INSPIRATIONAL, 2 Apr 2018
The psychologists Amos and Tversky developed the theory of “framing” by demonstrating that people give different answers depending on how a question is asked. The following are two examples.
If you ask people, “You stand in line for a movie which costs €10 admission and discover that you just lost a €10 bill. Would you still buy the movie ticket?” Most people say yes. If they are asked, “You stand in line for a movie AND discover that you just lost the €10 movie ticket. Would you buy another one?” Now most people say no.
The two situations are identical, but in the first case, the €10 bill is associated in people’s mind with their general account, which is independent of the movie. In the second case, they associate the ticket with the movie and decide that they are not going to pay €20 to see the movie.
Another case is the following. If people are told, “You are asked for advice to save a village with 600 inhabitants from an avalanche. If you select course A, you can save 400 people for sure, and 200 will die. If you select course B, you may be able to save all 600 with a two third chance, but there is a one third chance that all of them die.” Most people will choose course A.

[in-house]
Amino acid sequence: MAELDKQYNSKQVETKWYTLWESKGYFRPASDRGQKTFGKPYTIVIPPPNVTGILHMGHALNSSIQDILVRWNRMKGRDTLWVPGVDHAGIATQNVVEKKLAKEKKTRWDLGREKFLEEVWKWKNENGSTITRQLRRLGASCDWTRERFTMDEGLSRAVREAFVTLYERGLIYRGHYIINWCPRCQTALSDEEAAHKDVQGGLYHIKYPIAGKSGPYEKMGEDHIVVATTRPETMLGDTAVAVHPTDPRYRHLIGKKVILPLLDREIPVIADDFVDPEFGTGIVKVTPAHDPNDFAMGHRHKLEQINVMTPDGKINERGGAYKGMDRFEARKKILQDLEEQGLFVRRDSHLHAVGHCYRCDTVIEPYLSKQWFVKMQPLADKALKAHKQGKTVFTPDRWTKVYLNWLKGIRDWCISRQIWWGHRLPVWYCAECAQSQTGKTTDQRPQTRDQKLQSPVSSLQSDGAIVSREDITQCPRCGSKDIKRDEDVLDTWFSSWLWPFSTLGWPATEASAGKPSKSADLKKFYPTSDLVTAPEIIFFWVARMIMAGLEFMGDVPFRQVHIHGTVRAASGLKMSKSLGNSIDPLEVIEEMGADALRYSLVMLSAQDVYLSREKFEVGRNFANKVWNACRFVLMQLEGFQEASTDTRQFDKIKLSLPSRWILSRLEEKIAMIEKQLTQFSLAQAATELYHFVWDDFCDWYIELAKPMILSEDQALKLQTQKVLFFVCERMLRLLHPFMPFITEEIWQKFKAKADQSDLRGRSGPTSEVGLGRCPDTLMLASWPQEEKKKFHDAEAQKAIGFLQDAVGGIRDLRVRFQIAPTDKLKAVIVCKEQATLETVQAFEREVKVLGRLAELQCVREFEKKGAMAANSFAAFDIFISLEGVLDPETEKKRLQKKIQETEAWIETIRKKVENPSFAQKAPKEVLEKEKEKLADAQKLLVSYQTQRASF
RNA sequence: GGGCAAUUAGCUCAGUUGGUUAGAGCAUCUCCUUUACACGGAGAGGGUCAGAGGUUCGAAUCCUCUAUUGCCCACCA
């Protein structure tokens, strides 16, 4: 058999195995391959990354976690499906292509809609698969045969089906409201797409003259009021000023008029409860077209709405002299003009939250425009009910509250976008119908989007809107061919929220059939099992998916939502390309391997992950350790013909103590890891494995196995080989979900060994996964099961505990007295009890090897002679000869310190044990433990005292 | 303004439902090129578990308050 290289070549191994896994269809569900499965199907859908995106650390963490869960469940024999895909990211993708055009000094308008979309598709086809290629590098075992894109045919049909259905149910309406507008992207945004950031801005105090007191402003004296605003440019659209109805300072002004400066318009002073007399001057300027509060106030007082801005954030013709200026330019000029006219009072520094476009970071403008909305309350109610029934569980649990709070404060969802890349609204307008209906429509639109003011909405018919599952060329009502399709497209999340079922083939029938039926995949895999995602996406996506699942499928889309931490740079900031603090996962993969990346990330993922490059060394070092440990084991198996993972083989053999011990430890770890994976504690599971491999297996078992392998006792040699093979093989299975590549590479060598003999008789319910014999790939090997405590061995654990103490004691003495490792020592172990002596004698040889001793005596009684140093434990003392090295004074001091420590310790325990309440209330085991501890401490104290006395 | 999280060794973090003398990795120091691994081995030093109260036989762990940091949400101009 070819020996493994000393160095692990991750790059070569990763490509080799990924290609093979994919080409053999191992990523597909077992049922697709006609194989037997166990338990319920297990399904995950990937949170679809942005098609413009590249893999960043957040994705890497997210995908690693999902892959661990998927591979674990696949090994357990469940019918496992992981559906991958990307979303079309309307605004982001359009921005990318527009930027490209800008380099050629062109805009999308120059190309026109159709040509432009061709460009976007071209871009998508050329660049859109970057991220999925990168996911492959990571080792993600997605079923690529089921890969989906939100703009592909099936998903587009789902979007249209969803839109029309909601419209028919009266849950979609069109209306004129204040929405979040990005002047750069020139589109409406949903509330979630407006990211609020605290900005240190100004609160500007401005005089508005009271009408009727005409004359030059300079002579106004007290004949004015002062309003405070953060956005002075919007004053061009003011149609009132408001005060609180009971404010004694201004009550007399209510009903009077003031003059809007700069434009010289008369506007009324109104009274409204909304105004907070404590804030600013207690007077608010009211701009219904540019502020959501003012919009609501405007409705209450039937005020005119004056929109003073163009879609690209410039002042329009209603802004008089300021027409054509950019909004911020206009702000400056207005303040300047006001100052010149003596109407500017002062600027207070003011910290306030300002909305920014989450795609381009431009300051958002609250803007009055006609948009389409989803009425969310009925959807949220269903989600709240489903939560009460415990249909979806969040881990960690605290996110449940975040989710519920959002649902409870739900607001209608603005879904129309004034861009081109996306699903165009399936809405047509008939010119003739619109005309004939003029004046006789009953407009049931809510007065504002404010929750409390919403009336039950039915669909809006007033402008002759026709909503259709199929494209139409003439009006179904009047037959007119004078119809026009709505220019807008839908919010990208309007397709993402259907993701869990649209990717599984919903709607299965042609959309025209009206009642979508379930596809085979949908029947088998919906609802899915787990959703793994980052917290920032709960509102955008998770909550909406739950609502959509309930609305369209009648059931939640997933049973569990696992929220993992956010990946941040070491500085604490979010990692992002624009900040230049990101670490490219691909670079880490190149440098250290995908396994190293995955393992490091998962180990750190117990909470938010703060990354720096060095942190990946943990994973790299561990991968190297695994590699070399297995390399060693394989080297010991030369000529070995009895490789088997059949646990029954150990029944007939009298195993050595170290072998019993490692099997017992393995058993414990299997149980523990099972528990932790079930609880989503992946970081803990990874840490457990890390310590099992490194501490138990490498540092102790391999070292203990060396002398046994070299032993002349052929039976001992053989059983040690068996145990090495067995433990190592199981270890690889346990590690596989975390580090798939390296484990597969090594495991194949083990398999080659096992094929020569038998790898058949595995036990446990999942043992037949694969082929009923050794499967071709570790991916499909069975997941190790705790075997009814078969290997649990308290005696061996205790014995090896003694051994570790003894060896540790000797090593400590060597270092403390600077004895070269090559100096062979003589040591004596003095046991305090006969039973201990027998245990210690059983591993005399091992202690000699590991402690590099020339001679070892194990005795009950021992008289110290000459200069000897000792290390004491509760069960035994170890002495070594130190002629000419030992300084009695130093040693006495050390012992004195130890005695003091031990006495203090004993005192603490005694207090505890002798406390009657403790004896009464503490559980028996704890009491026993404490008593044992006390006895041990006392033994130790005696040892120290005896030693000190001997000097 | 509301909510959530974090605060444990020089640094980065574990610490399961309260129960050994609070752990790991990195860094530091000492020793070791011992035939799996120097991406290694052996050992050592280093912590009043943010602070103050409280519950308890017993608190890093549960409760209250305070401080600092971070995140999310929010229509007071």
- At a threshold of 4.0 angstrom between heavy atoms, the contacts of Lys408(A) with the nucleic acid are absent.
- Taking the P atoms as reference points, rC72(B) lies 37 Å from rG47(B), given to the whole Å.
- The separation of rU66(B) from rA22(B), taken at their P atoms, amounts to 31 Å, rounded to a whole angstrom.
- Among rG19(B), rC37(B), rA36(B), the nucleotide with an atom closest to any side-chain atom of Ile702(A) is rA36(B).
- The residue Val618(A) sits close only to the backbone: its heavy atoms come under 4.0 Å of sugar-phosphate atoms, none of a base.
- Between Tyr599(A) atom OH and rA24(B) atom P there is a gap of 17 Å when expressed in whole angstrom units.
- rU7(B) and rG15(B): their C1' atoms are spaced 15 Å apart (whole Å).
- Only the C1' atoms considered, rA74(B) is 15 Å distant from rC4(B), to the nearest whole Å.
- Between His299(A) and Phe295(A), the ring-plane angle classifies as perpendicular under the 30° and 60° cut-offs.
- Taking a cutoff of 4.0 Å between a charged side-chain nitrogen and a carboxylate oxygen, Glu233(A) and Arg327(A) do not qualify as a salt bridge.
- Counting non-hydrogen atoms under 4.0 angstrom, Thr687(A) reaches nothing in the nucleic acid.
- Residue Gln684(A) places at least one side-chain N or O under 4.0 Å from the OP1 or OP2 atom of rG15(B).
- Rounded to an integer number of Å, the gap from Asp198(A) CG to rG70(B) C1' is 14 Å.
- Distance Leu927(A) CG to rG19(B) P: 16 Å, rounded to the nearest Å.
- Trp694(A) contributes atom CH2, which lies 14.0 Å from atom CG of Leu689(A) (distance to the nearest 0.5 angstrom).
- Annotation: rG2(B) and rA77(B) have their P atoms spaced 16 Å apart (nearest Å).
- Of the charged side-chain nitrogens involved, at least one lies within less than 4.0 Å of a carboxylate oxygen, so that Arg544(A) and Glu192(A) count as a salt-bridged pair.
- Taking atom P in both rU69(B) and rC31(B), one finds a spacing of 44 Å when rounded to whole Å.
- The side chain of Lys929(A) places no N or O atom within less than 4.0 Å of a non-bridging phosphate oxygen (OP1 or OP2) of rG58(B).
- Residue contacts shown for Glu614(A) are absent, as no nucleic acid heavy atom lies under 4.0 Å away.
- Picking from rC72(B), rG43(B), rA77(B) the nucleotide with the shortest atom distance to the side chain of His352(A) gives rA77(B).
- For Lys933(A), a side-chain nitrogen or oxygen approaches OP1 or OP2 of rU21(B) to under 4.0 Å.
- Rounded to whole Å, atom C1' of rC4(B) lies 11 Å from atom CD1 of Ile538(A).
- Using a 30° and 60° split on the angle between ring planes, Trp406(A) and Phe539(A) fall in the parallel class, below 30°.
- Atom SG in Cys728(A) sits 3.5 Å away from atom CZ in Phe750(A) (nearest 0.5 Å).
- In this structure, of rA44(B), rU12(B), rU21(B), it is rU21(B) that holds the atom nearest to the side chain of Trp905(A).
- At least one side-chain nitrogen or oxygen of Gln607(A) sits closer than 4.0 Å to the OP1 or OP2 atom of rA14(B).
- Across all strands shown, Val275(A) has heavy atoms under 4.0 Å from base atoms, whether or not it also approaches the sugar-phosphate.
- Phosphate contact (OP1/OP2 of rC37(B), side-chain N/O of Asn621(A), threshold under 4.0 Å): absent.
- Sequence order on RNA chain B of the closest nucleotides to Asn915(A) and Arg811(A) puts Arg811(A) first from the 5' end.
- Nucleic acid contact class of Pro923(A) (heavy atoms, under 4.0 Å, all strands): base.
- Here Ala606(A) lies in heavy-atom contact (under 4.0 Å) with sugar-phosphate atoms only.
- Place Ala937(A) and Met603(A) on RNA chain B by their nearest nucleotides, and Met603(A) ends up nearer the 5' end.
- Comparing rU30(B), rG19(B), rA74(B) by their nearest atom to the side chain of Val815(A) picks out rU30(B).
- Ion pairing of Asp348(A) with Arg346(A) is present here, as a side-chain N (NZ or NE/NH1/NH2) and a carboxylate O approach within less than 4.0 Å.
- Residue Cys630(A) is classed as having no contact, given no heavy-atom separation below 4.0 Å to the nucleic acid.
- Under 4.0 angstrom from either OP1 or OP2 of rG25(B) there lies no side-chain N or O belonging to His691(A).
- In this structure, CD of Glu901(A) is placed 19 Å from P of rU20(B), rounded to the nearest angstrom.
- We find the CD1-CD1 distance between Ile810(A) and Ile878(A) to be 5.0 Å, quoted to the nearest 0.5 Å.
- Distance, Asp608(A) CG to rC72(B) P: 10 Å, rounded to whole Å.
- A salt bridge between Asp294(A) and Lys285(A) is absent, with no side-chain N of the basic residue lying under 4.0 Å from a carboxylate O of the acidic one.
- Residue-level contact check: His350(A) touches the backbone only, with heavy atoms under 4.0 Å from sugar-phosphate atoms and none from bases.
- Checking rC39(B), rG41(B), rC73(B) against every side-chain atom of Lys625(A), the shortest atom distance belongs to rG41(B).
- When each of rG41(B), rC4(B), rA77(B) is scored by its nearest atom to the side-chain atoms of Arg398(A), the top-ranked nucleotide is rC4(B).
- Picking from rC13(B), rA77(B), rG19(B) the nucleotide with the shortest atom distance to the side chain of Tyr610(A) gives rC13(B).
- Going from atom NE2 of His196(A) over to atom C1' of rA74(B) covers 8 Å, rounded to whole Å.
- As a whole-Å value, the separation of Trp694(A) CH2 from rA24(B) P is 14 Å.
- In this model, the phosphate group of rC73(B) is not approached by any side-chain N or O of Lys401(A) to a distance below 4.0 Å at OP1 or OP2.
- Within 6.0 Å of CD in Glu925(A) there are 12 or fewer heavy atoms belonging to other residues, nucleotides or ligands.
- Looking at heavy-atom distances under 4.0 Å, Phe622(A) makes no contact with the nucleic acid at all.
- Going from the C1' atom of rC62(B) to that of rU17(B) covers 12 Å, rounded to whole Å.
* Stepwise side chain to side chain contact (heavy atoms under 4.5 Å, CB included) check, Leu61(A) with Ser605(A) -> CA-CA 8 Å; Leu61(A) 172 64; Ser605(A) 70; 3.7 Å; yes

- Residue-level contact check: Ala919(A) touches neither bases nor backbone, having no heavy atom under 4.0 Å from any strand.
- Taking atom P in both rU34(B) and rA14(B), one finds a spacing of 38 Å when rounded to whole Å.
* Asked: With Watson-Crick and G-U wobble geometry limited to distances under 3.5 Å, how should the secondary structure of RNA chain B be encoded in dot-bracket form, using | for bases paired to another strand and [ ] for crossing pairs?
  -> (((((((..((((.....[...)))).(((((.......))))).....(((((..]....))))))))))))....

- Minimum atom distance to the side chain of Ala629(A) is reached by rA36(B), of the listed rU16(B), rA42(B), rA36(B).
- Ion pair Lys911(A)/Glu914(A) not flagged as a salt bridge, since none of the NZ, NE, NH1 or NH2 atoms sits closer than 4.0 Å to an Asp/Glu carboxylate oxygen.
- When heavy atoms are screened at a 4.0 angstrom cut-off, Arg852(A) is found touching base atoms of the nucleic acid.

However if they are told, “If you select course A, 200 people will die for sure, and 400 will be saved; if you select course B, you may be able to save all 600 with a two third chance, but there is a one third chance that all of them die.” Now most people prefer option B.
We have a natural tendency to cling to certainty if it is positive and to avoid something negative that seems certain. In fact, both formulations describe exactly the same two choices. The art of framing questions has been skillfully used by pollsters to elicit the answers their sponsors want to hear.
Dietrich Fischer (1941-2015) from Münsingen, Switzerland, got a Licentiate in Mathematics from the University of Bern 1968 and his Ph.D. in Computer Science from New York University 1976. 1986-88 he was a MacArthur Fellow in International Peace and Security at Princeton University. He has taught mathematics, computer science, economics and peace studies at various universities and been a consultant to the United Nations. He was co-founder, with Johan Galtung, of the TRANSCEND Network for Peace, Development and Environment in 1993.
This article originally appeared on Transcend Media Service (TMS) on 2 Apr 2018.
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